On a cold, clear Monday afternoon, a dozen bicyclists hung signs around their necks while touring three Bank of America branches around town. With placards reading "the blood is on your hands," the protesters hoped to raise awareness about a remote link between the banking giant and animal testing.
The testing in question is being performed by Huntingdon Life Sciences--a New Jersey and UK-based laboratory that subcontracts with medical researchers and cosmetic companies for animal testing. Three years ago, Huntingdon became public enemy number one with animal rights activists, after a PETA member revealed hours of damning film footage she had gathered during two years of undercover work. Activists claim that Huntingdon kills 500 animals (dogs, cats, monkeys, rats) per day in their testing.
"B of A has the power to say, 'we don't want animal testing,'" explained one protester. Bank of America runs an estimated $150 billion annually through a mutual fund investment firm, the Little Rock, Arkansas-based Stephens, Inc., which, in turn, is the primary investor in Huntingdon.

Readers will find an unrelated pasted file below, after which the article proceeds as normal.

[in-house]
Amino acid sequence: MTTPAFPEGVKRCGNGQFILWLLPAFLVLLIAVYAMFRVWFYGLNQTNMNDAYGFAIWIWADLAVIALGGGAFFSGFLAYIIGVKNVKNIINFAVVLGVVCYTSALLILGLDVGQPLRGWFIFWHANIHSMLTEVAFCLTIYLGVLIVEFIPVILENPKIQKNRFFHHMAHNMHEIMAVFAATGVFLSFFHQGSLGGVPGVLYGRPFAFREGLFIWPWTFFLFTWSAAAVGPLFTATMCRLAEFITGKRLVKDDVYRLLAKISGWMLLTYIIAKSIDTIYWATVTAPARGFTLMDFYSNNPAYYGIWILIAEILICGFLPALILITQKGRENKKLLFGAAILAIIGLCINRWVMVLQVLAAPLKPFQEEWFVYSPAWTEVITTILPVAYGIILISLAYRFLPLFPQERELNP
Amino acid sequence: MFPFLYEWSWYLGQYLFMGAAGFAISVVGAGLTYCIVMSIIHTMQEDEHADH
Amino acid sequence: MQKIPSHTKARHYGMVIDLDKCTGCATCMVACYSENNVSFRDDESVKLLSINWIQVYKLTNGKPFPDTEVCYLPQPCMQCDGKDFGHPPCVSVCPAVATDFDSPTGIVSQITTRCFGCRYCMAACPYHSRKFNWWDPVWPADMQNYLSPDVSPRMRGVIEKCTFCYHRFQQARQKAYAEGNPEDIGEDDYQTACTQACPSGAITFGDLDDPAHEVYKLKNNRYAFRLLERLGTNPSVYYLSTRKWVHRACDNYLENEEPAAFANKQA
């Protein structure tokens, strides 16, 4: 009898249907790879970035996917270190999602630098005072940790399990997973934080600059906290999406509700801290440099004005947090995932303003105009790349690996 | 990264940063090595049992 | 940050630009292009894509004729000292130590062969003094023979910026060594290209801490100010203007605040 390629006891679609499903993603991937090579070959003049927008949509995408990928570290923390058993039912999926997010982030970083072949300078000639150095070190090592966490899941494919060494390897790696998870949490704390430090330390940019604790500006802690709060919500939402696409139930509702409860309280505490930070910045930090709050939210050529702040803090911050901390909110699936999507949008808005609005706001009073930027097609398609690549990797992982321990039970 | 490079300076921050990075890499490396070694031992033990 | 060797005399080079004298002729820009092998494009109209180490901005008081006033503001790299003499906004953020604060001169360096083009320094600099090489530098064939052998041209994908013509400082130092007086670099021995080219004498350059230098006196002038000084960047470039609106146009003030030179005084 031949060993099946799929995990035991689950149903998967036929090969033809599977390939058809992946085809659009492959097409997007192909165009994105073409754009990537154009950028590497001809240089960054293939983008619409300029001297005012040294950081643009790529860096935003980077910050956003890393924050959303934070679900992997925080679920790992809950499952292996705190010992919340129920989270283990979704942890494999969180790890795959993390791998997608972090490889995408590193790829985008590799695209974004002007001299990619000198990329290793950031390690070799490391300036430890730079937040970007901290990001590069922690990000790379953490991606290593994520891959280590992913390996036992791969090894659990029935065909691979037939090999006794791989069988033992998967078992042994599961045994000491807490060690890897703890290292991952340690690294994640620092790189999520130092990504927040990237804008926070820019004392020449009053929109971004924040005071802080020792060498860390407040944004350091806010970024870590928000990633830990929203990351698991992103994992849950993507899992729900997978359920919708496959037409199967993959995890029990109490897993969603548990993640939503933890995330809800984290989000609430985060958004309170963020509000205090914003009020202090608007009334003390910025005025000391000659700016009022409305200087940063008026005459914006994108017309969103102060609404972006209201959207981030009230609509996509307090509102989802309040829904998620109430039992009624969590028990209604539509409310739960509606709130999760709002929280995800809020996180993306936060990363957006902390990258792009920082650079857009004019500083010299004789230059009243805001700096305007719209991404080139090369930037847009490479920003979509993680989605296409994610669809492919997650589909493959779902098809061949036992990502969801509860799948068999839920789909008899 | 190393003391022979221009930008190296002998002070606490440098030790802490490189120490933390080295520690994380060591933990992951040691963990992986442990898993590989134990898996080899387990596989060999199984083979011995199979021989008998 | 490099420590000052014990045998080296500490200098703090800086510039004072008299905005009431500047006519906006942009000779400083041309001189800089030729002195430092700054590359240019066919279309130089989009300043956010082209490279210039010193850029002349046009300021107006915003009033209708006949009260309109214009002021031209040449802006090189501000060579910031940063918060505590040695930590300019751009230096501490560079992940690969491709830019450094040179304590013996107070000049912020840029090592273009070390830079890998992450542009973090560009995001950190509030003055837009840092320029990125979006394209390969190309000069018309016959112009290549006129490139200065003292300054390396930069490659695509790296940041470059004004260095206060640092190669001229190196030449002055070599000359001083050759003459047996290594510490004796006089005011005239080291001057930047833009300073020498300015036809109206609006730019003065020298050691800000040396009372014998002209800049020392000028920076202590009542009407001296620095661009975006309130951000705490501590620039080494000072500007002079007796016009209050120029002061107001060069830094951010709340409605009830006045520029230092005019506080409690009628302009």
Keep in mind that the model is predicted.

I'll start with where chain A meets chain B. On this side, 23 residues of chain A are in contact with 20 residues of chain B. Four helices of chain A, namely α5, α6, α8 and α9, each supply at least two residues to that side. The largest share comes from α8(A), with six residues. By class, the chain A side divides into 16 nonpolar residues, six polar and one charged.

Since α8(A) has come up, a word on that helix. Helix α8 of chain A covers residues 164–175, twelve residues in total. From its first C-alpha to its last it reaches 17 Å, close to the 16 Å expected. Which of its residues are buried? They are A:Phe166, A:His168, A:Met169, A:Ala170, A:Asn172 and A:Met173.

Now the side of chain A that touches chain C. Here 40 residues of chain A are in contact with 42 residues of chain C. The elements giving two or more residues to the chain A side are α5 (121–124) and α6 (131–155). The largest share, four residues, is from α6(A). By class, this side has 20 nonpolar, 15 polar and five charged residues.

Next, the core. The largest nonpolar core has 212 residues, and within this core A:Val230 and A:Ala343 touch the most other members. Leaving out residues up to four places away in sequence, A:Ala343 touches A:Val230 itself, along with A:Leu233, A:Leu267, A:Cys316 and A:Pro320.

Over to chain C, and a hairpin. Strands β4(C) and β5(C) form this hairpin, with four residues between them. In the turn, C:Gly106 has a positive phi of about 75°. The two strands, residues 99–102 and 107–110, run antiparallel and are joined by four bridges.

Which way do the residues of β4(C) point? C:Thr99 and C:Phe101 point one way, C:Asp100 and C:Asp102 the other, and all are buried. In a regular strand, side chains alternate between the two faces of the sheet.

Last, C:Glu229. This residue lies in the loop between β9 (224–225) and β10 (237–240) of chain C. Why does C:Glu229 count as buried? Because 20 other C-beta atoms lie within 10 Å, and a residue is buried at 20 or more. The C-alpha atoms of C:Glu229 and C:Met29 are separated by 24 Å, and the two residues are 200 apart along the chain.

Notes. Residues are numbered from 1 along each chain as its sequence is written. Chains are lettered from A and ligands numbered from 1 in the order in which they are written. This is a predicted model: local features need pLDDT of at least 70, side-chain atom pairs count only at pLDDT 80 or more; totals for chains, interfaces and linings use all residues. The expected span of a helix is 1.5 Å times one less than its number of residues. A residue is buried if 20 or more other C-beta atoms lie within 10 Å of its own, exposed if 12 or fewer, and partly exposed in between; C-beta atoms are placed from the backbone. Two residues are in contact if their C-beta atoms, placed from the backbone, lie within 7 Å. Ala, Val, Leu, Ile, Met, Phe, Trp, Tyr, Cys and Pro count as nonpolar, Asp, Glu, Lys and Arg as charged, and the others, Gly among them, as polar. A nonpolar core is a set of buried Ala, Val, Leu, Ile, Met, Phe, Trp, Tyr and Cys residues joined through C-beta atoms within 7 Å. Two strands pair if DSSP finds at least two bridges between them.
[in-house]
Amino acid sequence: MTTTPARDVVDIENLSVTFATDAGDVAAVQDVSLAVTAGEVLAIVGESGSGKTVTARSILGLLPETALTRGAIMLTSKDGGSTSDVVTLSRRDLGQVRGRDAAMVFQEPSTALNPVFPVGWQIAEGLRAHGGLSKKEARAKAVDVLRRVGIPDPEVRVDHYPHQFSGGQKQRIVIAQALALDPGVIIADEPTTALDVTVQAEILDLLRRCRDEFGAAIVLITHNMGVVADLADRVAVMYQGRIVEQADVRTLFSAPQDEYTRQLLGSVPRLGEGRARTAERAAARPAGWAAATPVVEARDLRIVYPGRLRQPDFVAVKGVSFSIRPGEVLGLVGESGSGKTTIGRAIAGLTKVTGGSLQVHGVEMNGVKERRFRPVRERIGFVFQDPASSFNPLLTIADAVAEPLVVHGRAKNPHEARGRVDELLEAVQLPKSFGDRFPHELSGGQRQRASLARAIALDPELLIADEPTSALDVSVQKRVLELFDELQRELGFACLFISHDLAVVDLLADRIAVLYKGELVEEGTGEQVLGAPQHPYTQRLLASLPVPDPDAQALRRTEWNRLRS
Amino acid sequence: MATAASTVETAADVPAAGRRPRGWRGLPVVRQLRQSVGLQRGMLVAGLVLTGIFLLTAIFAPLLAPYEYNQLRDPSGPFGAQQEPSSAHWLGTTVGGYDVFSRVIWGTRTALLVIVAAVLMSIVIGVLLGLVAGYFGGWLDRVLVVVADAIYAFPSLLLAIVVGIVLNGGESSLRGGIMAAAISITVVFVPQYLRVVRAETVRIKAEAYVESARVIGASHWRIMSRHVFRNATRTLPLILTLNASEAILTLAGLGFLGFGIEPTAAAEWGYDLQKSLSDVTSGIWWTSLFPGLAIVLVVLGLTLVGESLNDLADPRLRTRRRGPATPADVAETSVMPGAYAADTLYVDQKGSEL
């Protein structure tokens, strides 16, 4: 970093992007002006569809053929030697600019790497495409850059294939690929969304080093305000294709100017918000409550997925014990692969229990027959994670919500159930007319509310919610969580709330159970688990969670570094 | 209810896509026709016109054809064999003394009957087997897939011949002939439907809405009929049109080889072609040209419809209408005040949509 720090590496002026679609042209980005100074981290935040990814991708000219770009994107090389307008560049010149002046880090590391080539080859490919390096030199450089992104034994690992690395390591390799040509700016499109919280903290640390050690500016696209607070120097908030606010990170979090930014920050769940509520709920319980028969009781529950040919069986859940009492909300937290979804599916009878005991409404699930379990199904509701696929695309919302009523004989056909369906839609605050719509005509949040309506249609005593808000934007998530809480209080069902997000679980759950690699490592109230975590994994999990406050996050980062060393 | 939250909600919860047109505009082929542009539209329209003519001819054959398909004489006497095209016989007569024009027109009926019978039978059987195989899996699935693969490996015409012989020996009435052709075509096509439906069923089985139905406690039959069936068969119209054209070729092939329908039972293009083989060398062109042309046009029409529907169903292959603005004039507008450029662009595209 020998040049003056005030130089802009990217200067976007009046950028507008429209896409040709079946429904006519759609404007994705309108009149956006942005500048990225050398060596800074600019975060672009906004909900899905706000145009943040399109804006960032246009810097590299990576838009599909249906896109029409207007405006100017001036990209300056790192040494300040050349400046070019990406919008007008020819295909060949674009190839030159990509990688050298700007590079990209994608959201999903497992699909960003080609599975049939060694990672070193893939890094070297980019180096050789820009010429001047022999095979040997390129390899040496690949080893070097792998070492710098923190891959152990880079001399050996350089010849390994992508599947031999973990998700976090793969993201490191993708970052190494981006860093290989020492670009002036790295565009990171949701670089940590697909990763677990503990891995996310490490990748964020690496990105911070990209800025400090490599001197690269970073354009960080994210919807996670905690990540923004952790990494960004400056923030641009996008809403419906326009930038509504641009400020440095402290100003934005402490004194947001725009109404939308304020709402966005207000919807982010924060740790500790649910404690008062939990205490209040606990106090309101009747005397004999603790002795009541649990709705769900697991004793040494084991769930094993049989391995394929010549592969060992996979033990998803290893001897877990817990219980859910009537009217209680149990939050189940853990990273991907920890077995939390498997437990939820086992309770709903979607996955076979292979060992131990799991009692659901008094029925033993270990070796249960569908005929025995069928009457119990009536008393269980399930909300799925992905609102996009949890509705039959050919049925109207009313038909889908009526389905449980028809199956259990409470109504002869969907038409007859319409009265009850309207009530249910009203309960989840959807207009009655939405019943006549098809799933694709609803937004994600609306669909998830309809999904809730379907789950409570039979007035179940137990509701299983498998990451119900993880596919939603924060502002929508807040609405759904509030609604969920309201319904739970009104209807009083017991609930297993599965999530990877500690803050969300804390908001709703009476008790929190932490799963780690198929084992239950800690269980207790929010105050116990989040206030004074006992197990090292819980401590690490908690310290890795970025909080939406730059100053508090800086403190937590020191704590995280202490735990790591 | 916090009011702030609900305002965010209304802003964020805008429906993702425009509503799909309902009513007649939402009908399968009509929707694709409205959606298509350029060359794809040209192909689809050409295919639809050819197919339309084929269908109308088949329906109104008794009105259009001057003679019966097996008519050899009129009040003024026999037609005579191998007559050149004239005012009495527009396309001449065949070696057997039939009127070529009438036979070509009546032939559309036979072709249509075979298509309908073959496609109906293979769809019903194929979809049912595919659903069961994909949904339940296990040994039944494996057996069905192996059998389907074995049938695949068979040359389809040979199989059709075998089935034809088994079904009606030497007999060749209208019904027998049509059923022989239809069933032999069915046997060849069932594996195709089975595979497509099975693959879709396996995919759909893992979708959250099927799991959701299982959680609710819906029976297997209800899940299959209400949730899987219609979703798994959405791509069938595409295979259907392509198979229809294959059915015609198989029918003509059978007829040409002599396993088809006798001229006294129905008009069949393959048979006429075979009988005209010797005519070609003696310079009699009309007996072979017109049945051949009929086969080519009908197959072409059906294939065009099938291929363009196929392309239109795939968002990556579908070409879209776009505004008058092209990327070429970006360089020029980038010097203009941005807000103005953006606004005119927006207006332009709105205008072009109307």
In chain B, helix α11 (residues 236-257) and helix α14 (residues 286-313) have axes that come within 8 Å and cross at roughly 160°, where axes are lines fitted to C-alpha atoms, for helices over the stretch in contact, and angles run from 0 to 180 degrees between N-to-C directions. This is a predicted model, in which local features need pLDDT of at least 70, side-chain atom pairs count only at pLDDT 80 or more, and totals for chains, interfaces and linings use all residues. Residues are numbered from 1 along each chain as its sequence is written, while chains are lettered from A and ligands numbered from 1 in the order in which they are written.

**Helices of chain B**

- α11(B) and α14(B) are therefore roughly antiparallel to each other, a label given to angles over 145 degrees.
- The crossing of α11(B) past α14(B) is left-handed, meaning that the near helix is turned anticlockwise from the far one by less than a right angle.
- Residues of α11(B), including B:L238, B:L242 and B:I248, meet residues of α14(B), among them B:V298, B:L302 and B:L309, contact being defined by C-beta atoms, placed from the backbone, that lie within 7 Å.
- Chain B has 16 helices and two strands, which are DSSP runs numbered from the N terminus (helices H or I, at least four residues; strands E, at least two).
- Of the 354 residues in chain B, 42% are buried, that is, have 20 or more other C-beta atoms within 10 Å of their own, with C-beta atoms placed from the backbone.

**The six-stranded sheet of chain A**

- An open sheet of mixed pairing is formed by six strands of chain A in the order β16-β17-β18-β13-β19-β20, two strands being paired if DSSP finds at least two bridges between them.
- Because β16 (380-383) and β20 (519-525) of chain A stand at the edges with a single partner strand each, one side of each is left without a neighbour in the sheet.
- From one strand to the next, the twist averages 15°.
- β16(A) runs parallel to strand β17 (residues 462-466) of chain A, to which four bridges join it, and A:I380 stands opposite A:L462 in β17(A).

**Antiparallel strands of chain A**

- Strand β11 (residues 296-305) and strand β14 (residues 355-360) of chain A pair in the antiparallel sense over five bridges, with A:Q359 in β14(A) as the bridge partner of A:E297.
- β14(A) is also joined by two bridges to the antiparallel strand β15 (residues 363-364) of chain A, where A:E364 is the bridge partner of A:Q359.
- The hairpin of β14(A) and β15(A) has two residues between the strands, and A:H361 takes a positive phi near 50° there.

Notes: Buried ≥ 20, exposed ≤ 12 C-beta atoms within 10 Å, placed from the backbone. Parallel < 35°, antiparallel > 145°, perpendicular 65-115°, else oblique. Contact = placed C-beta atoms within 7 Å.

Like the rallying cries in the '80s for universities to divest from any company doing business in South Africa, local activists have begun targeting banks and their investments as a means to bleed businesses they disagree with--like animal testing labs or logging firms.
Before departing on their city-wide, two-wheeled tour, a bike cop rolled up alongside the activists, to remind them to obey all traffic rules. PHIL BUSSE
Since October, a stalwart group of employees at the SE Division Nature's has tried to shore up support for a labor union. Their demands have been simple enough--they want the perceived "corporate culture" of polo shirt uniforms and disinterested managers to relax. But on Friday, their vote to unionize with the Industrial Workers of the World (IWW) failed by nearly 2 to 1.
Representatives have issued assurances that the union won't disappear. In fact, they plan to form what is called a "minority union"--a group that is not legally recognized, but allows members to informally act together. PB